Care Speech Pathology

Dyslexia (Specific Learning Disorder)

Dyslexia affects about 10% of the Australian population. Technically speaking, dyslexia is one of three different types of Specific Learning Disorder (SLD). These days, dyslexia is often referred to as ‘Specific Learning Disorder with impairment in reading’.

Most people have heard of dyslexia before but may not realise how common it is, so it can be a shock when your child is given a dyslexia diagnosis for the first time. However, it is important to know you are not alone, and that identifying dyslexia early is the first step in the right direction. Speech Pathologists in Australia are specially trained to improve the language and literacy comprehension of children with dyslexia, by using evidence-based programs and intensive intervention.

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Dyslexia
Dyslexia

At Care Speech Pathology, we know how to help.

You have probably noticed a range of subtle (and some not-so-subtle) signs of your child having dyslexia. These might include one or several of the following:

Preschoolers

  • Delayed speech

  • Problems with pronunciation

  • Difficulties with rhyming words and learning rhymes

  • Delay in learning shapes, colours and how to write their name

  • Difficulty with retelling a story in sequence

Primary School Children

  • Problems with reading single words

  • Confusing certain letters when reading, such as ‘d’ and ‘b’

  • Problems with grammar, such as prefixes and suffixes

  • Avoids reading aloud

  • Dislikes reading books

  • Reads below their expected reading level

High School Children

  • Poor reading skills

  • Poor academic performance across subjects (particularly English)

  • Problems learning a foreign language at school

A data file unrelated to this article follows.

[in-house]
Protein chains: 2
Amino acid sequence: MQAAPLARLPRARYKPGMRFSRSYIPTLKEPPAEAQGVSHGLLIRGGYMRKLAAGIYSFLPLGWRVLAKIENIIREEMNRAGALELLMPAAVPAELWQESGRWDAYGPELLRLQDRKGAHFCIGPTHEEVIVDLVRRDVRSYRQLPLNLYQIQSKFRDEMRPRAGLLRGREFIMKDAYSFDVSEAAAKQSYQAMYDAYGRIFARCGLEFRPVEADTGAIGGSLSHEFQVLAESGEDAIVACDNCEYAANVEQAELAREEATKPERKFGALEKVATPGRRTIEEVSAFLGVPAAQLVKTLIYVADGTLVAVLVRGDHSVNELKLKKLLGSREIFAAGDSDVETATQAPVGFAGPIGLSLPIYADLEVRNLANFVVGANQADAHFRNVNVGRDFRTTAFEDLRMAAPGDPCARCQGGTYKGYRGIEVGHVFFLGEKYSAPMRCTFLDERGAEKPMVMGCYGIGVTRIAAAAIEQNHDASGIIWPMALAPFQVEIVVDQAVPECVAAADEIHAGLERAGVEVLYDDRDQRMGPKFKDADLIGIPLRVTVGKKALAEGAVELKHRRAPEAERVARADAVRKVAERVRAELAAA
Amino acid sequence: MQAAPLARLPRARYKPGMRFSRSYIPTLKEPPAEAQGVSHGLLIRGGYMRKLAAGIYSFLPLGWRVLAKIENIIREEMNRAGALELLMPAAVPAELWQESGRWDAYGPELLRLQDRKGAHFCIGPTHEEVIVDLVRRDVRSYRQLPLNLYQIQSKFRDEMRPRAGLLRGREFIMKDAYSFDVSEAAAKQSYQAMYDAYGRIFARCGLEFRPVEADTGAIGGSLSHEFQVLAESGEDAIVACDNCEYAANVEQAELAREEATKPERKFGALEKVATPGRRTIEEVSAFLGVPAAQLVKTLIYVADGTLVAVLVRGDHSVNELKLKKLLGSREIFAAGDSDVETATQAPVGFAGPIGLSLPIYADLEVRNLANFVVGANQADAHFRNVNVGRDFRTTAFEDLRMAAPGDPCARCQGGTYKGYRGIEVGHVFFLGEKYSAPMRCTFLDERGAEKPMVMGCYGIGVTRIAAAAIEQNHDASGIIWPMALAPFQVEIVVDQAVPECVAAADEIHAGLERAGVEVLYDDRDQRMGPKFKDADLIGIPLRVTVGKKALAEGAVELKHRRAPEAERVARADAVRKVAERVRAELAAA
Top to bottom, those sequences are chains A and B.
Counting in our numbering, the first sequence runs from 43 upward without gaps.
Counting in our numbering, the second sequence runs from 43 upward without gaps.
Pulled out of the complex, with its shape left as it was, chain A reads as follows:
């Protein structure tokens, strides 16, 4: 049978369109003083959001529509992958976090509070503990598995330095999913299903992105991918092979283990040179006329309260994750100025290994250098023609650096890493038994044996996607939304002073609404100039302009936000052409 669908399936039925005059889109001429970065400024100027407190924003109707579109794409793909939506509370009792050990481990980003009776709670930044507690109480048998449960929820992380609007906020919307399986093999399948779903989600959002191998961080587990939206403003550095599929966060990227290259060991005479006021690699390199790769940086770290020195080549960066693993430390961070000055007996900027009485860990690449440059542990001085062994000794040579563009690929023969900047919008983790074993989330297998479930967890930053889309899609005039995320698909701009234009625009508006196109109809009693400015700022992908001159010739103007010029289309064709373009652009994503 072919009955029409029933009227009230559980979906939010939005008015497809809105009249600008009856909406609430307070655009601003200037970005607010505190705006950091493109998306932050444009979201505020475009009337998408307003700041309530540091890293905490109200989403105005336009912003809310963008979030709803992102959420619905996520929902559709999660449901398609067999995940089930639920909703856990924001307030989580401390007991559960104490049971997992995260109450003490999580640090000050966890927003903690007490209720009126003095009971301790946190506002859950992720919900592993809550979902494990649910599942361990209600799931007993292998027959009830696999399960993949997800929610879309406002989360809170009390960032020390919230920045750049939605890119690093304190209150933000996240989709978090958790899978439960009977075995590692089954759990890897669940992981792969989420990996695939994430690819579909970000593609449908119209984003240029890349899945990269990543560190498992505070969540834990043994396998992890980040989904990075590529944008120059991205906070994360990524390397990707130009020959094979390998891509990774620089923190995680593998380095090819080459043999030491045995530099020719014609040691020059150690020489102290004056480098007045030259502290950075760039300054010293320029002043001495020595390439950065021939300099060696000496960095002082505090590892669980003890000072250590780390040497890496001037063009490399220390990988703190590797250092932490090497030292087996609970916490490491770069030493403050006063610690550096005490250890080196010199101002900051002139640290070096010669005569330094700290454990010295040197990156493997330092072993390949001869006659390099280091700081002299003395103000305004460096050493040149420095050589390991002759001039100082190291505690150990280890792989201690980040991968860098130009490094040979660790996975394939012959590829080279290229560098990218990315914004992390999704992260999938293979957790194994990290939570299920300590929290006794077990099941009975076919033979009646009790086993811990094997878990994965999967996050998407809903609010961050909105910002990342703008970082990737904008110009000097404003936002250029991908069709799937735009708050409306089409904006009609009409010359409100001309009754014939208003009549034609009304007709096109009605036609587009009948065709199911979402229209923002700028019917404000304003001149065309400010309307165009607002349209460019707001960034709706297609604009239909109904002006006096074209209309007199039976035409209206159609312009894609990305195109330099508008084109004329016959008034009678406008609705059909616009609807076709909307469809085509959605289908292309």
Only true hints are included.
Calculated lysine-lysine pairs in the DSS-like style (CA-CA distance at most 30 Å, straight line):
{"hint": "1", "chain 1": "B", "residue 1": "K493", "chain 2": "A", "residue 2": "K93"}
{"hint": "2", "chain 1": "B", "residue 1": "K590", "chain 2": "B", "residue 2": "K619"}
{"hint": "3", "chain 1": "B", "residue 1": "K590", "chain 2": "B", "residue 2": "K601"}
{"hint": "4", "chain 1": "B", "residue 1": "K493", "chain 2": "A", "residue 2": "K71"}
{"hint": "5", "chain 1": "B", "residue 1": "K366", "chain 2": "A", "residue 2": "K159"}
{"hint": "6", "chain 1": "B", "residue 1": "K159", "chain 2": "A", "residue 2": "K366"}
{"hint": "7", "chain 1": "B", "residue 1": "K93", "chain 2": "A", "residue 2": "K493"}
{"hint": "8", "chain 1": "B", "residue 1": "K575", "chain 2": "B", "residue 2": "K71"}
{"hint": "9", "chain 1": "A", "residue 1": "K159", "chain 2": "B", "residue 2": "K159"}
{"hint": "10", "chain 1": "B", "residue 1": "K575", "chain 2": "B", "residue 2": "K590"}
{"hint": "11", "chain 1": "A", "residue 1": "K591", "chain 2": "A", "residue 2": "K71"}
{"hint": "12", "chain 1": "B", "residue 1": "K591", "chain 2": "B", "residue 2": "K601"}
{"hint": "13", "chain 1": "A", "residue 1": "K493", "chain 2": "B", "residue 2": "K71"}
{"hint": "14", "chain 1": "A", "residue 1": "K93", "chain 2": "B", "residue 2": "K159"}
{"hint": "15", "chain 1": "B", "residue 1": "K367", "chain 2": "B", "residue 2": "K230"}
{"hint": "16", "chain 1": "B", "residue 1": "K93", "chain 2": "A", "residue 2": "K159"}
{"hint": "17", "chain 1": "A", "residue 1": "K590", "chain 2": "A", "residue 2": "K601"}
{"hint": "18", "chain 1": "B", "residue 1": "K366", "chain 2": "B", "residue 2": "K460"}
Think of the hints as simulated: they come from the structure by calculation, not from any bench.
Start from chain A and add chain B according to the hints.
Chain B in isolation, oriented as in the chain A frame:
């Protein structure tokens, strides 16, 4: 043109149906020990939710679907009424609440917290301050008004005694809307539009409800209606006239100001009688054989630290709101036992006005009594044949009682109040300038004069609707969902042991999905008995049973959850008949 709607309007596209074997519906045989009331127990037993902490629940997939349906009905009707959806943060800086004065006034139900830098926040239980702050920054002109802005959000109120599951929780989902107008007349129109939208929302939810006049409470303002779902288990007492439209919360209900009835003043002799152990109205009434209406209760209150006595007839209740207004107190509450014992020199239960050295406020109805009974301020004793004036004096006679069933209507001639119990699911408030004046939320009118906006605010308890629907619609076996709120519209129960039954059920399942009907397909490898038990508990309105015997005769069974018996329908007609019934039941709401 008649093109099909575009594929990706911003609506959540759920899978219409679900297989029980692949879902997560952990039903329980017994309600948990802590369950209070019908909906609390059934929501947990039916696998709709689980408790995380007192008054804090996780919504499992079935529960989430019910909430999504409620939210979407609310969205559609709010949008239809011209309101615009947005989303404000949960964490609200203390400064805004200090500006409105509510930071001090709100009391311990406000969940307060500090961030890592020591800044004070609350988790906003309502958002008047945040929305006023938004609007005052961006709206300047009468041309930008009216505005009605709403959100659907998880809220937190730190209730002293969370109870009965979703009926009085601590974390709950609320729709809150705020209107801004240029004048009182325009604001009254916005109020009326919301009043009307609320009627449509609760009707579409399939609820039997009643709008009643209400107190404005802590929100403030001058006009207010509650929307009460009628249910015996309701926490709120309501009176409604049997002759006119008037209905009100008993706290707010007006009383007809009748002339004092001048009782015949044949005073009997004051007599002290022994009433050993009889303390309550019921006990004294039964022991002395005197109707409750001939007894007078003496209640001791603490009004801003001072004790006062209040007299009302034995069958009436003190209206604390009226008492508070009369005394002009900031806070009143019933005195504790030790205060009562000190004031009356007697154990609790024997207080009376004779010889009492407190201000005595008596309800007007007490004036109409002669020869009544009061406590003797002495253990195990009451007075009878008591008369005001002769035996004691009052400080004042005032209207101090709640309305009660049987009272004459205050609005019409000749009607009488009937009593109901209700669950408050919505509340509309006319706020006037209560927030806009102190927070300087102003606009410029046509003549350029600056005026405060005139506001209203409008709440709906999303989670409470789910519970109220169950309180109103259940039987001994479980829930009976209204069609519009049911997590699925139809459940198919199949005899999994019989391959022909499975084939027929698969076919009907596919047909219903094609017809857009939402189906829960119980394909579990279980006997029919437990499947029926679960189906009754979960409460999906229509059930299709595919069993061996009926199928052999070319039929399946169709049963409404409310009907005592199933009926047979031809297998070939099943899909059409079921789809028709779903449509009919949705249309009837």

• Low confidence for written and academic tasks

Adults

  • Reading and spelling problems

  • Dislikes reading

  • Avoids tasks involving reading and writing

  • Better than average memory

  • Very good spatial ability, including talent in art, design, mathematics or engineering

what is Dyslexia?

What is Dyslexia?

Dyslexia is a neurobiological condition causing individuals to have trouble with reading and spelling. Dyslexia occurs on a continuum from mild to severe and no two individuals are the same. Children with dyslexia commonly have difficulty identifying and remembering which letter symbols make which sounds (decoding).

Dyslexia has nothing to do with intelligence. Individuals with dyslexia are often able to use higher level language skills to support and compensate for difficulties with reading. Often, they will also have inquiring minds, advanced problem-solving skills, strong 3D construction skills and a good ability to see the big picture.

How can we help kids with Dyslexia?

Speech Pathologists have extensive training and knowledge about the development of phonological skills. Phonological skills are the foundational literacy skills that all children need to develop in order to read and write successfully.

Research suggests that people with dyslexia need explicit and direct instruction that is systematic, structured, sequential and cumulative. We may therefore use a number of different strategies during intervention, while also working collaboratively with a team of other professionals and you as the primary caregiver. Intervention may include the following steps:

Step 

We will start by completing a comprehensive assessment to evaluate your child’s reading skills and determine how any difficulties may be impacting their literacy. This assessment may include standardised tests, informal assessments, and observations of all language domains – listening, speaking, writing and reading.

Step 

We can then plan individualised treatment based on your child’s specific strengths, needs and, most importantly, their personal interests. Treatment will use various strategies to address your child’s phonological awareness, reading and auditory comprehension, writing and working memory skills.

Step 

We will also consider your child’s communication as a whole, across various contexts, and if there is anything else we can be doing to support them. For example, it might be suitable for us to provide support and training to education staff, to help improve academic performance and success in the classroom.

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Speech Pathology Austrialia
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